Economics Online Exam (fak: 27/1/2021)

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timer Asked: Jan 27th, 2021

Question Description

2th Feb, 1pm -3pm Sydnye time

This examination consists of a Case Study question (worth 30 marks) and two theory questions (worth 10 marks each) covering work from Weeks 7-12

attached same ppt will give acess after hire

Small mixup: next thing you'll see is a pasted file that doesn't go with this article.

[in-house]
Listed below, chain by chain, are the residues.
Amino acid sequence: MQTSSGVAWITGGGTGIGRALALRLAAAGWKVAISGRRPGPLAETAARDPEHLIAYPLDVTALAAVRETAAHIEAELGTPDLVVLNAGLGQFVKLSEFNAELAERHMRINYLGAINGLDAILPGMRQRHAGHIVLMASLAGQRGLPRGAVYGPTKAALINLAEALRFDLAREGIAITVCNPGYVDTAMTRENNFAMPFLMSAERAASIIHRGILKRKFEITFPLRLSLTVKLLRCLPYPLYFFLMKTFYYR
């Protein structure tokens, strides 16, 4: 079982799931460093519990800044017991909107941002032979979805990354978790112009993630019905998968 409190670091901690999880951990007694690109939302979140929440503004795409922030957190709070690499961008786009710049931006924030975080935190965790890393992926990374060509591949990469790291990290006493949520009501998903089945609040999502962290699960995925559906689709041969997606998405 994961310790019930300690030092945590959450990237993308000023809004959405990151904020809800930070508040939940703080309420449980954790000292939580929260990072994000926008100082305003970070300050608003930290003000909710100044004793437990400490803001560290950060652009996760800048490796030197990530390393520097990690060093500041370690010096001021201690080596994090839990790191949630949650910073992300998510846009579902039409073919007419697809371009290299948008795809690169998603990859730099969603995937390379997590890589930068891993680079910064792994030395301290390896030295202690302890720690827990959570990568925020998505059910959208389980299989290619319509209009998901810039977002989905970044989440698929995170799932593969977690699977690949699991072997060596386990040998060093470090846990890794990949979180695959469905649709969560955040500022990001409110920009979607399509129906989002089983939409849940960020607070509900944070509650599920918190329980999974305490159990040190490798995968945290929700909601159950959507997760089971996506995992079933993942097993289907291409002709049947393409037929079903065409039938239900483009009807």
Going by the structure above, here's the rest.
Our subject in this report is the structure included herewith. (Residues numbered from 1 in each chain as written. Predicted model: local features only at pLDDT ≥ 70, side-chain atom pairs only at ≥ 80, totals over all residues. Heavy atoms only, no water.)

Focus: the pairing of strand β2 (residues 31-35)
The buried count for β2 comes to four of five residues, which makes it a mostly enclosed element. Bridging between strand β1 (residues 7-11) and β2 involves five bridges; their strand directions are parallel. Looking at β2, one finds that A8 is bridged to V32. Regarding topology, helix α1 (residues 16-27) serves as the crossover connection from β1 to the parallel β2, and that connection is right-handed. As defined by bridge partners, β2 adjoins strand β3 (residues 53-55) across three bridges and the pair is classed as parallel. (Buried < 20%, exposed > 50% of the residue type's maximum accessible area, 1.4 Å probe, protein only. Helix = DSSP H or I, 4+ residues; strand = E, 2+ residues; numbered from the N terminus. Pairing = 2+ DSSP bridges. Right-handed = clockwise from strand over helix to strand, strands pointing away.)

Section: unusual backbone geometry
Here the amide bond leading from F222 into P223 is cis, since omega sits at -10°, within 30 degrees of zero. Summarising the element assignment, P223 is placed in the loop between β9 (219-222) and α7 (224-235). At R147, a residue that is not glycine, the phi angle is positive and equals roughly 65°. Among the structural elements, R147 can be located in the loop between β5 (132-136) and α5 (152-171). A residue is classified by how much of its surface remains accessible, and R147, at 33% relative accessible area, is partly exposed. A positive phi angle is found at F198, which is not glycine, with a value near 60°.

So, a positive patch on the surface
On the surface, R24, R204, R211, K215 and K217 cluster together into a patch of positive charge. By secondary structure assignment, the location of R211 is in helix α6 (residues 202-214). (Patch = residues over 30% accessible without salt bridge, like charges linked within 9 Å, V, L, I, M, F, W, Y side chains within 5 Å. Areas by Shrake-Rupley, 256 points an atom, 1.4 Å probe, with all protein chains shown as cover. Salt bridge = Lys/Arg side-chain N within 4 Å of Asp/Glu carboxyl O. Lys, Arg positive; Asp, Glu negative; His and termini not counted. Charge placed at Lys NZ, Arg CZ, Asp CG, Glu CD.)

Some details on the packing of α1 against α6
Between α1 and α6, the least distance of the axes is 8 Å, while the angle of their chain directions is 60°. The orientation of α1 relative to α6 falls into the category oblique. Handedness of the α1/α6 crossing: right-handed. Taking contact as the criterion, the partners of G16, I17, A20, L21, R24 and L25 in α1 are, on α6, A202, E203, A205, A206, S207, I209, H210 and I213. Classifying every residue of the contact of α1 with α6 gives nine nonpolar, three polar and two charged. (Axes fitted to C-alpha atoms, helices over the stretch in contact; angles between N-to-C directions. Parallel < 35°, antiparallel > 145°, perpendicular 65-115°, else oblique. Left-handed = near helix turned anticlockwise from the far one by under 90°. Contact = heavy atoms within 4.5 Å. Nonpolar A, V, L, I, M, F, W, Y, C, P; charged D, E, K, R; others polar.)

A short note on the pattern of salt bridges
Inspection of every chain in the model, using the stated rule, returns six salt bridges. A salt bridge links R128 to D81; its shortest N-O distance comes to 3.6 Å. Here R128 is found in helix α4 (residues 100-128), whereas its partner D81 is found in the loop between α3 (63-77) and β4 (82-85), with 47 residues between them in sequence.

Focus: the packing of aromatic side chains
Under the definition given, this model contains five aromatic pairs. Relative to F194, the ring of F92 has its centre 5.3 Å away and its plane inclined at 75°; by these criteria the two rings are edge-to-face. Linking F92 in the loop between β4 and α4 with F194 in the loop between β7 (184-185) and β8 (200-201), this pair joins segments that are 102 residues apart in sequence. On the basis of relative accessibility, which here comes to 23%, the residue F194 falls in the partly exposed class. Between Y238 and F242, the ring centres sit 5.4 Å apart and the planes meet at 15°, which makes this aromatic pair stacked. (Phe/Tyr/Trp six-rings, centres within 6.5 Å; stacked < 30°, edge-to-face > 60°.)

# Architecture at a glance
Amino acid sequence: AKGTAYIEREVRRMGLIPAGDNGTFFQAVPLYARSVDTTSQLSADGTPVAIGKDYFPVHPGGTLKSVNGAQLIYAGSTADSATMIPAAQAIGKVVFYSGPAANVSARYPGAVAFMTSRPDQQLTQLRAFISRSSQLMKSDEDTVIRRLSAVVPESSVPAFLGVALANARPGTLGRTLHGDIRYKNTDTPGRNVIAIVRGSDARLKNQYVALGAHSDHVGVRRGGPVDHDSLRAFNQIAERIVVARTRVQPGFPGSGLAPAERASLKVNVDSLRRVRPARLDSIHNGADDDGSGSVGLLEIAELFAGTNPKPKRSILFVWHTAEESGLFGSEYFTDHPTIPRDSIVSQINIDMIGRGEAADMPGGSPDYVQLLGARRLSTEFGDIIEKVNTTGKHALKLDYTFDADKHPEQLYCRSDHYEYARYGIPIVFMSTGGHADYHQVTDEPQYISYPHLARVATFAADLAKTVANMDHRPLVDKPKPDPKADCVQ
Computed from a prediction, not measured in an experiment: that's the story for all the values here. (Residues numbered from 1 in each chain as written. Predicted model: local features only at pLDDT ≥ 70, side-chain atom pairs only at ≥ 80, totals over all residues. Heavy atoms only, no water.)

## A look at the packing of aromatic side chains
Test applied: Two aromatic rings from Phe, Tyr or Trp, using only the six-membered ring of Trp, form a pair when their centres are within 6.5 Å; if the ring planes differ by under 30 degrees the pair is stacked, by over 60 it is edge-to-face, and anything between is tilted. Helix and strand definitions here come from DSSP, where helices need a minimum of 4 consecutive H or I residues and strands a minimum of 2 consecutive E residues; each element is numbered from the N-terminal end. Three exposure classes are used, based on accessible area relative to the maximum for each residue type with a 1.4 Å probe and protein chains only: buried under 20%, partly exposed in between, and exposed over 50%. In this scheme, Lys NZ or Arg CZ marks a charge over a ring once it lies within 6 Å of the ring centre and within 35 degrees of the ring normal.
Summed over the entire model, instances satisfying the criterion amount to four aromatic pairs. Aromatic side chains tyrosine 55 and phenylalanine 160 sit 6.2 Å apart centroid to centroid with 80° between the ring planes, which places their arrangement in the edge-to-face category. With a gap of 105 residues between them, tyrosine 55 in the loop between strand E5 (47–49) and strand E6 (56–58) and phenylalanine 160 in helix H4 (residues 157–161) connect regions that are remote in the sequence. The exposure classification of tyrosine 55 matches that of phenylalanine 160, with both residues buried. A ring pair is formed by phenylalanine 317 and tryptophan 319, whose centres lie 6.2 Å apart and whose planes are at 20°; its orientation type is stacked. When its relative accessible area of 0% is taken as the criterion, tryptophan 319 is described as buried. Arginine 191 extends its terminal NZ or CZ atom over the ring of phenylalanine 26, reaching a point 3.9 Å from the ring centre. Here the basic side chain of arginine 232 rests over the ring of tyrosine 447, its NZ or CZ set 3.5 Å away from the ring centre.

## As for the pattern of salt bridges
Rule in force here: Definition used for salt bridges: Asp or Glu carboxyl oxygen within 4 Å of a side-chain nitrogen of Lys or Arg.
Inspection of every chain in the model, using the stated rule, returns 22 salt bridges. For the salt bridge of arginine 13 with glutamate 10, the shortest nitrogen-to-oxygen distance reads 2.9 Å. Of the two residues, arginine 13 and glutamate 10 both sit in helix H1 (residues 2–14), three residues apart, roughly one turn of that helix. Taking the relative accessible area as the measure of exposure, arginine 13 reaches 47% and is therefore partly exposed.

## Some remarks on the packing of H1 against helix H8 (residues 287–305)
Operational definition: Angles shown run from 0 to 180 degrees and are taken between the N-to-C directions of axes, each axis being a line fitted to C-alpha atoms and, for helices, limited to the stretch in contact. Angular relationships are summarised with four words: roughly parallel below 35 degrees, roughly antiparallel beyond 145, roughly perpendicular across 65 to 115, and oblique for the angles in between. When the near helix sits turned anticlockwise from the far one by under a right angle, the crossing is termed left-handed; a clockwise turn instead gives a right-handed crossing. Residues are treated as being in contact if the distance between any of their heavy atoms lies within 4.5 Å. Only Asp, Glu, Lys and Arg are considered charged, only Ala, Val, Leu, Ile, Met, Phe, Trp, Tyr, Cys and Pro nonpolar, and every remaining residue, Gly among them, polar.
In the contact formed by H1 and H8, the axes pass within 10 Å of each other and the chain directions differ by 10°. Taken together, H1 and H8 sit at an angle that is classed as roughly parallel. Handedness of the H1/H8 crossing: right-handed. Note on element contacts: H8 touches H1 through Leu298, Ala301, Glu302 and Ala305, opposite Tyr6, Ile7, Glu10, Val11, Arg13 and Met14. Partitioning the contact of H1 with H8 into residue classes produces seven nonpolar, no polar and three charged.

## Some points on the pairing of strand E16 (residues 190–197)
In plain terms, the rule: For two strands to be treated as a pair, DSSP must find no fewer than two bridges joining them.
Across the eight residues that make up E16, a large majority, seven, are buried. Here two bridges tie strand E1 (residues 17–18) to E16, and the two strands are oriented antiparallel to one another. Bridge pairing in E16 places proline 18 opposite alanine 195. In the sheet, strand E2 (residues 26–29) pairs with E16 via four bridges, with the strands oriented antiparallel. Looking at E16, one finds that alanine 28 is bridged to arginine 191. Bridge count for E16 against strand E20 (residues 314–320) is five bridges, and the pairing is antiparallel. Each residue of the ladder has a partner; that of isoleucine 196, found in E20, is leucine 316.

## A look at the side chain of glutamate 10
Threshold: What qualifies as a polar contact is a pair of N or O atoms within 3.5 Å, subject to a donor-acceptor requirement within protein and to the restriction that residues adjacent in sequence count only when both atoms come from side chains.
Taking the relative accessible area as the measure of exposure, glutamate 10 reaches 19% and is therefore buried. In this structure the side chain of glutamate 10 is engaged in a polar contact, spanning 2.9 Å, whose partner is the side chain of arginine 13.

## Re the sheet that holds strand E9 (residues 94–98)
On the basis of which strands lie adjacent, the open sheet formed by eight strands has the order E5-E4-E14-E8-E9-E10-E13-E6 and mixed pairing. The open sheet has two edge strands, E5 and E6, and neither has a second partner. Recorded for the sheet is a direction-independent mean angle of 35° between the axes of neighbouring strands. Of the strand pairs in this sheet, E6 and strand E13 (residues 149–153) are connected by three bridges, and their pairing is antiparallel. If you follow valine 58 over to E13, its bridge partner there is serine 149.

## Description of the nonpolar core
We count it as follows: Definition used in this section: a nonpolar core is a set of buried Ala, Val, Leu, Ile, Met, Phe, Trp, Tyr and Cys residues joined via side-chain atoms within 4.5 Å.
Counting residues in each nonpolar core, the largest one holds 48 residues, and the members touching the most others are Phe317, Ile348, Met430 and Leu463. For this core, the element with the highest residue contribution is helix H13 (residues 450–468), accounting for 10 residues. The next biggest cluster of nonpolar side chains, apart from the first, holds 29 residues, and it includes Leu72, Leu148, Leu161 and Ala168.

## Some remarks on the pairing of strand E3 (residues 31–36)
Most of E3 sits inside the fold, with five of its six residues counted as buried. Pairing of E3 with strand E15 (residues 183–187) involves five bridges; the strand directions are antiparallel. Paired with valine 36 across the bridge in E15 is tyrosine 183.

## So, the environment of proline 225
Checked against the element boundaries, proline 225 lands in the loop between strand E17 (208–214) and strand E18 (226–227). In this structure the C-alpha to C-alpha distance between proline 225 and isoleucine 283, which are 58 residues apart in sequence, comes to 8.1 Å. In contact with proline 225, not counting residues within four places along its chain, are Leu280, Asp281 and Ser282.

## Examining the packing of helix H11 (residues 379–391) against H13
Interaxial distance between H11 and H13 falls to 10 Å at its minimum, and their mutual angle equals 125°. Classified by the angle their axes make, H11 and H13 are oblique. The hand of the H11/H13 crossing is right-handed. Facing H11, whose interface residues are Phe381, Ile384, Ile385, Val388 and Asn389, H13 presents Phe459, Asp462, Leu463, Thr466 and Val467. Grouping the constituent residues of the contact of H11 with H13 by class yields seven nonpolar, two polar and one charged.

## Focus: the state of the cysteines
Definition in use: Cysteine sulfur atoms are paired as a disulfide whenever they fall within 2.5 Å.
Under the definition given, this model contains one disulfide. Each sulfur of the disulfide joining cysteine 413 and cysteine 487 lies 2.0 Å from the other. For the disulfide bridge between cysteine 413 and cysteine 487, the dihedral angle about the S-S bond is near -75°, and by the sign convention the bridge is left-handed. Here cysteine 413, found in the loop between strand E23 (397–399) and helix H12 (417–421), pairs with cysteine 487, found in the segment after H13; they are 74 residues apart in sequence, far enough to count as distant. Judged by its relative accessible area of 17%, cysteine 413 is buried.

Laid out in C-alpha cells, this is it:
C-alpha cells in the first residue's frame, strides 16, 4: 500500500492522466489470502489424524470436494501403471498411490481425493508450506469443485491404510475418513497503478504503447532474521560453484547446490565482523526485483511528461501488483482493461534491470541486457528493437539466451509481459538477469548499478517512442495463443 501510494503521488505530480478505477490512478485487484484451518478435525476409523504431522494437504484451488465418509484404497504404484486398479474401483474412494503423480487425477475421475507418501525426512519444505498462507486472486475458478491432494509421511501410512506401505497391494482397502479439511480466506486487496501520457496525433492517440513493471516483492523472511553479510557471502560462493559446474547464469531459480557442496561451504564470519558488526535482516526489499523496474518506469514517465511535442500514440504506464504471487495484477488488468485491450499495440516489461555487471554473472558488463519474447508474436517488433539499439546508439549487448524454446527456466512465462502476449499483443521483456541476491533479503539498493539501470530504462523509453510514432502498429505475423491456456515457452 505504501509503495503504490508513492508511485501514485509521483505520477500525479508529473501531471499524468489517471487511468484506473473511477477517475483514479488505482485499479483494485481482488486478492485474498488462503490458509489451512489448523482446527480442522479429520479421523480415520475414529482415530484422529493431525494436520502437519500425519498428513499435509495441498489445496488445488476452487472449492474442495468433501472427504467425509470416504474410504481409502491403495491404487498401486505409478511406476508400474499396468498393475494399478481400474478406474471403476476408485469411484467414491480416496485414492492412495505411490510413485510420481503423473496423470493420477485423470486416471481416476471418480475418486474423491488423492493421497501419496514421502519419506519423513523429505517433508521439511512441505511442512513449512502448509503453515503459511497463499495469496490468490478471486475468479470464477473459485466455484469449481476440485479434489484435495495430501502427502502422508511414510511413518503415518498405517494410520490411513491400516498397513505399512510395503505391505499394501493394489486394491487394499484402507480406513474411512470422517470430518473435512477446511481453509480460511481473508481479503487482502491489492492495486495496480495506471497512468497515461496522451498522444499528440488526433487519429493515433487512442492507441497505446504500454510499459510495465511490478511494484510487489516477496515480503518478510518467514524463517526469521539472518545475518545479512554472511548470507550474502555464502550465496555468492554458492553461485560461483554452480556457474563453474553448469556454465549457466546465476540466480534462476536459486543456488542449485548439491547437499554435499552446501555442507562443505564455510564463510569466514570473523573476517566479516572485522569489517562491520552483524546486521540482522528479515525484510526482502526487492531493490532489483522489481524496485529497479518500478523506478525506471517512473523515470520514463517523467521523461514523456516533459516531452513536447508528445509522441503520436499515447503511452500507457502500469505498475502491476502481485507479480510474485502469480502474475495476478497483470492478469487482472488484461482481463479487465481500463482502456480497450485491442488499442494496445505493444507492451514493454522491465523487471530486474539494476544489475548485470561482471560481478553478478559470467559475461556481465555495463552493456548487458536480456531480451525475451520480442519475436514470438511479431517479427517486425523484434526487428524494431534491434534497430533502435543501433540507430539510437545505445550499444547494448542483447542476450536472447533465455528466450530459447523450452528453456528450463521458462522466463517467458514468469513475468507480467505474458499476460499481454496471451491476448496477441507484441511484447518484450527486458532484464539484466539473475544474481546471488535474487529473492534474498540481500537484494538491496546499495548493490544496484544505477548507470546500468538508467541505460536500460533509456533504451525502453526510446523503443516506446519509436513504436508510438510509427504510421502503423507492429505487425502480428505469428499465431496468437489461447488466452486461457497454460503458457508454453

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BSD119 GLOBAL BUSINESS Going International II: Political economy of trade & investment CRICOS No.00213J Copyright © 2019 McGraw-Hill Education (Australia) Pty Ltd . Hill, Global business today: Asia-Pacific Perspective, 5e From last week ➢examined various modes of entry ➢including exporting and FDI ➢including advantages and disadvantages ➢this week: closer look at exporting & FDI ➢by examining trade & investment ➢(which were touched on in Week One when looking at globalisation of markets and globalisation of production) CRICOS No.00213J Copyright © 2019 McGraw-Hill Education (Australia) Pty Ltd . Hill, Global business today: Asia-Pacific Perspective, 5e Trade ➢trade: buying and selling of goods & services • this can take place in any market, anywhere ➢international trade: when a company in one country exports goods & services to buyers in another country ➢free trade: the absence of barriers to the free flow of goods and services between countries ➢allows for: • more efficient utilisation of resources • greater competitive forces • stimulus to economic growth ➢fair trade: provision of a ‘fair’ price to producers in developing countries CRICOS No.00213J Copyright © 2019 McGraw-Hill Education (Australia) Pty Ltd . Hill, Global business today: Asia-Pacific Perspective, 5e Trade ➢protectionism: government intervention in international trade and investment to protect or advance the interests of certain sections of the economy or the nation as a whole ➢trade barriers: instruments of protectionist policies to inhibit/restrict trade • tariffs, subsidies, quotas, voluntary export restraints • local content requirements, administrative policies • anti-dumping measures ➢problems: • can invite retaliation • may be captured by special interest groups who distort it for their own ends CRICOS No.00213J Copyright © 2019 McGraw-Hill Education (Australia) Pty Ltd . Hill, Global business today: Asia-Pacific Perspective, 5e Trade ➢in the context of global business ➢international trade is about exports (and imports) ➢exports: positive effects • for the economy: employment, trade balance, GDP • for the company: expanded markets, increased profits • for consumers: greater variety of (cheaper) goods & services ➢free trade important here • fewer barriers to trade, easier for exporters • positive effects of imports & free trade can be realised • GATT/WTO successful in reducing some barriers • particularly tariffs (remember Week One) • but many barriers still exist CRICOS No.00213J Copyright © 2019 McGraw-Hill Education (Australia) Pty Ltd . Hill, Global business today: Asia-Pacific Perspective, 5e Trade ➢why governments intervene in trade: ➢many, often weak, political & economic arguments • protect workers • protect industries • protect consumers • protect the nation • protect human rights • protect the environment CRICOS No.00213J Copyright © 2019 McGraw-Hill Education (Australia) Pty Ltd . Hill, Global business today: Asia-Pacific Perspective, 5e Investment ➢foreign direct investment (FDI): a local company investing in physical facilities abroad either through establishing physical operations itself or by acquiring an enterprise abroad • not to be confused with foreign portfolio investment (FPI) • i.e. when a local company takes up interest in financial instruments abroad • e.g. foreign corporate shareholdings, government bonds ➢why do companies do this? • preferred mode to exporting or licensing • strategic behaviour • eclectic paradigm: ownership. location, internalisation CRICOS No.00213J Copyright © 2019 McGraw-Hill Education (Australia) Pty Ltd . Hill, Global business today: Asia-Pacific Perspective, 5e Investment ➢why governments intervene in FDI ➢can be understand in terms of costs and benefits • to host country • to home country ➢can then examine how governments intervene in FDI • home country: encourage & restrict outward FDI • host country: encourage & restrict inward FDI CRICOS No.00213J Copyright © 2019 McGraw-Hill Education (Australia) Pty Ltd . Hill, Global business today: Asia-Pacific Perspective, 5e Government intervention in FDI host-country benefits & costs balance of payments effects national sovereignty & autonomy effect on competition & economic growth resourcetransfer effects employment effects CRICOS No.00213J Copyright © 2019 McGraw-Hill Education (Australia) Pty Ltd . Hill, Global business today: Asia-Pacific Perspective, 5e Government intervention in FDI host-country benefits & costs: balance-of-payments effects Balance of payments (BOP) –national accounts summarising payments to & receipts from foreigners Current account – exports and imports and income payments often concern about current account deficits (CAD) – owe too much to rest of the world, foreign ownership FDI can be a substitute for imports – so helps CAD subsidiary might export – also helps with CAD CRICOS No.00213J but after initial capital inflow of FDI, repatriation of profits to parent company – outflows contribute to CAD Copyright © 2019 McGraw-Hill Education (Australia) Pty Ltd . Hill, Global business today: Asia-Pacific Perspective, 5e subsidiary might import inputs – also adds to CAD Government intervention in FDI host-country benefits & costs: resource-transfer effects FDI – positive contribution to economic growth of an economy by supplying capital, technology and management resources that would otherwise not be available evidence that not only was technology being transferred but also existing technology upgraded or new technology created in host country + spillover benefits – local personnel trained by subsidiary might leave & use new skills to improve local business operations or establish new businesses but may not always happen… CRICOS No.00213J Copyright © 2019 McGraw-Hill Education (Australia) Pty Ltd . Hill, Global business today: Asia-Pacific Perspective, 5e Government intervention in FDI host-country benefits & costs: employment effects FDI can create jobs – directly, when the MNE employs a number of host-country workers and indirectly, when jobs are created in ‘upstream’ and ‘downstream’ firms in the supply chain but maybe not ‘new’ jobs – eg Toyota might have employed a large number of workers in the US, but Ford and GM laid off workers more weight as criticism when FDI is by acquisition CRICOS No.00213J Copyright © 2019 McGraw-Hill Education (Australia) Pty Ltd . Hill, Global business today: Asia-Pacific Perspective, 5e Government intervention in FDI host-country benefits & costs: effect on competition & economic growth can increase competition which means broader choice, lower prices, more capital investments so increased productivity, product and process innovation, and greater economic growth but if subsidiaries have greater economic power than locally owned competitors, adverse effect – can use restrictive practices (eg draw on funds from elsewhere in company to subsidise costs in host market) to lessen or remove competitors if in form of acquisitions that involve mergers & takeovers can exploit its market power CRICOS No.00213J Copyright © 2019 McGraw-Hill Education (Australia) Pty Ltd . Hill, Global business today: Asia-Pacific Perspective, 5e Government intervention in FDI host-country benefits & costs: national sovereignty & autonomy concern – loss of economic independence – key decisions made by foreign parent, no real commitment to host & host has no control eg transfer pricing & profit shifting + concern over national sovereignty & autonomy through growth of SWFs (sovereign wealth funds), large number of which controlled by authoritarian governments could mean control over strategically important industries to gain political and financial leverage CRICOS No.00213J Copyright © 2019 McGraw-Hill Education (Australia) Pty Ltd . Hill, Global business today: Asia-Pacific Perspective, 5e Government intervention in FDI home-country benefits & costs balance of payments effects reverse resource transfer effect employment effects CRICOS No.00213J Copyright © 2019 McGraw-Hill Education (Australia) Pty Ltd . Hill, Global business today: Asia-Pacific Perspective, 5e Government intervention in FDI home-country benefits & costs balance of payments effects benefit from inward flow of repatriated foreign earnings & if foreign subsidiary creates demands for home-country exports but negative – initial capital outflow (though usually less than foreign earnings) & if purpose is more imports from lowcost production location or if FDI is a substitute for direct exports CRICOS No.00213J Copyright © 2019 McGraw-Hill Education (Australia) Pty Ltd . Hill, Global business today: Asia-Pacific Perspective, 5e Government intervention in FDI home-country benefits & costs employment effects positive when subsidiary creates demand for home-country exports especially if deliberate government policy to tie aid with conditions that favour home-country firms but negative when outward FDI creates foreign operations that replace domestic production (“exporting jobs”, “offshoring”) CRICOS No.00213J Copyright © 2019 McGraw-Hill Education (Australia) Pty Ltd . Hill, Global business today: Asia-Pacific Perspective, 5e Government intervention in FDI home-country benefits & costs: reverse resource-transfer effects positive when home-country MNE learns valuable skills from its exposure to foreign markets that can be transferred back to home country eg superior management techniques, superior product & process technologies can then contribute to home country’s economic growth rate CRICOS No.00213J Copyright © 2019 McGraw-Hill Education (Australia) Pty Ltd . Hill, Global business today: Asia-Pacific Perspective, 5e Government policy instruments & FDI home-country policies: encouraging outward FDI governmentbacked insurance programs to cover major types of FDI risk elimination of double taxation of foreign income ie taxation in host & in home country eg expropriation, war loss, block on profits transfer relaxed restrictions easier access for inward FDI from using political influence on host countries CRICOS No.00213J Copyright © 2019 McGraw-Hill Education (Australia) Pty Ltd . Hill, Global business today: Asia-Pacific Perspective, 5e Government policy instruments & FDI home-country policies: restricting outward FDI currency movement controls limit outflows due to BOP & exchange rate concerns less likely to happen now manipulation of tax rules sanctions to encourage firms to invest at home prohibit investment in certain countries restricting inward FDI usually for political reasons (eg US & Cuba & Iran) CRICOS No.00213J Copyright © 2019 McGraw-Hill Education (Australia) Pty Ltd . Hill, Global business today: Asia-Pacific Perspective, 5e Government policy instruments & FDI host-country policies: encouraging inward FDI incentives export processing zone (EPZ) tax concessions, government-funded infrastructure, lowinterest loans, grants, subsidies import barriers reduced, variety of concessions compared with rest of the country eg Thailand & foodprocessing industry eg Vietnam CRICOS No.00213J Copyright © 2019 McGraw-Hill Education (Australia) Pty Ltd . Hill, Global business today: Asia-Pacific Perspective, 5e Government policy instruments & FDI host-country policies: restricting inward FDI ownership restraints from specific fields, or only proportion for national security & or unfair competition arguments performance requirements controls over behaviour eg conditions for local content, exports, technology transfer, local participation CRICOS No.00213J help maximise benefits & or mandatory joint minimise costs, more common ventures to maximise in less developed countries resource-transfer & employment benefits Copyright © 2019 McGraw-Hill Education (Australia) Pty Ltd . Hill, Global business today: Asia-Pacific Perspective, 5e Trade & FDI liberalisation ➢strong economic arguments for unrestricted trade & for free movement of investment across borders to occur in optimal locations ➢moves to increase liberalisation – varying degrees of success ➢can be unilateral – less common ➢bilateral – free trade agreements between two countries ➢regional – free trade agreements within regions ➢multilateral – GATT/WTO CRICOS No.00213J Copyright © 2019 McGraw-Hill Education (Australia) Pty Ltd . Hill, Global business today: Asia-Pacific Perspective, 5e Trade & FDI liberalisation ➢WTO ➢key functions: • provision of a global forum in which to negotiate lower trade barriers • application of principle of non-discrimination to negotiations to avoid a complex of different trading regimes among nations • provision of rules-based system for the orderly means of resolving trade disputes ➢unresolved issues: • anti-dumping measures • agricultural protection • intellectual property protection • market access CRICOS No.00213J Copyright © 2019 McGraw-Hill Education (Australia) Pty Ltd . Hill, Global business today: Asia-Pacific Perspective, 5e BSD119 GLOBAL BUSINESS Going International II: International Marketing Introduction CRICOS No.00213J Copyright © 2019 McGraw-Hill Education (Australia) Pty Ltd . Hill, Global business today: Asia-Pacific Perspective, 5e Introduction tension in strategy between reducing costs and responding to local conditions is present here key debate: degree to which marketing mix is standardised or customised in market segmentation, product attributes, distribution strategy, communication strategy and pricing strategy CRICOS No.00213J Copyright © 2019 McGraw-Hill Education (Australia) Pty Ltd . Hill, Global business today: Asia-Pacific Perspective, 5e Globalisation of markets? similar world markets so no need to customise? • Levitt’s argument but not so simple • at least for consumer products • though there is a convergence of tastes & preferences to some extent continuing persistence of cultural & economic differences stops standardisation • may never occur ‘global’ brands perceived, promoted & used differently in different countries • + still trade barriers & different standards still a constraint CRICOS No.00213J Copyright © 2019 McGraw-Hill Education (Australia) Pty Ltd . Hill, Global business today: Asia-Pacific Perspective, 5e Globalisation of markets? one issue for globalisation – market segmentation identifying distinct groups of consumers whose purchasing behaviour differs from others in important ways, • based on criteria such as geography, demographics, sociocultural factors, psychological factors another issue: product attributes • products sell well when attributes match consumer needs & when needs vary… CRICOS No.00213J Copyright © 2019 McGraw-Hill Education (Australia) Pty Ltd . Hill, Global business today: Asia-Pacific Perspective, 5e Market Segmentation different segments – different patterns of purchasing behaviour • marketing mix has to be adjusted from segment to segment • e.g. product design, pricing, distribution & communication strategy goal – optimise fit between consumers’ purchasing behaviour in given segment & the marketing mix • thereby maximising sales to the segment • e.g. Toyota – Lexus division to sell high-priced luxury cars to high-income consumers • & entry-level models, (Corolla) to lower-income consumers two main issues to be aware of: • differences between countries in structure of market segments • existence of segments that transcend national borders CRICOS No.00213J Copyright © 2019 McGraw-Hill Education (Australia) Pty Ltd . Hill, Global business today: Asia-Pacific Perspective, 5e Market segmentation: Q: why? in international markets structural differences between countries important in one country but no parallel in home country therefore need to develop unique marketing mix segments that transcend national borders enhances standardisation possibilities global youth? eg Rip Curl A: because not all can transcend those national borders CRICOS No.00213J Copyright © 2019 McGraw-Hill Education (Australia) Pty Ltd . Hill, Global business today: Asia-Pacific Perspective, 5e Product Attributes a product can be viewed as a bundle of attributes • e.g. car: power, design, quality, performance, fuel consumption, comfort products sell well when their attributes match consumer needs (& prices are appropriate) • e.g. BMW cars sell well to people who have high needs for luxury, quality & performance – because BMW builds those attributes into its cars if consumer needs were the same the world over, a company could simply sell same product worldwide • but needs vary from country to country, depending on culture, level of economic development, product standards CRICOS No.00213J Copyright © 2019 McGraw-Hill Education (Australia) Pty Ltd . Hill, Global business today: Asia-Pacific Perspective, 5e Product attributes: differences here cultural differences countries differ along range of dimensions economic development highly developed countries – extra attributes in products eg religion & tradition particularly important in marketing foodstuffs & not willing to go without these for lower prices product & technical standards can be government -mandated product standards or differences in technical standards CRICOS No.00213J Copyright © 2019 McGraw-Hill Education (Australia) Pty Ltd . Hill, Global business today: Asia-Pacific Perspective, 5e Conclusion ➢Therefore, due to differences with market segmentation and product attributes ➢adjustments have to be made with marketing mix ➢will see examples of these differences in: • distribution strategy • communication strategy • pricing strategy ➢and will then see how the marketing mix is often configured CRICOS No.00213J Copyright © 2019 McGraw-Hill Education (Australia) Pty Ltd . Hill, Global business today: Asia-Pacific Perspective, 5e ...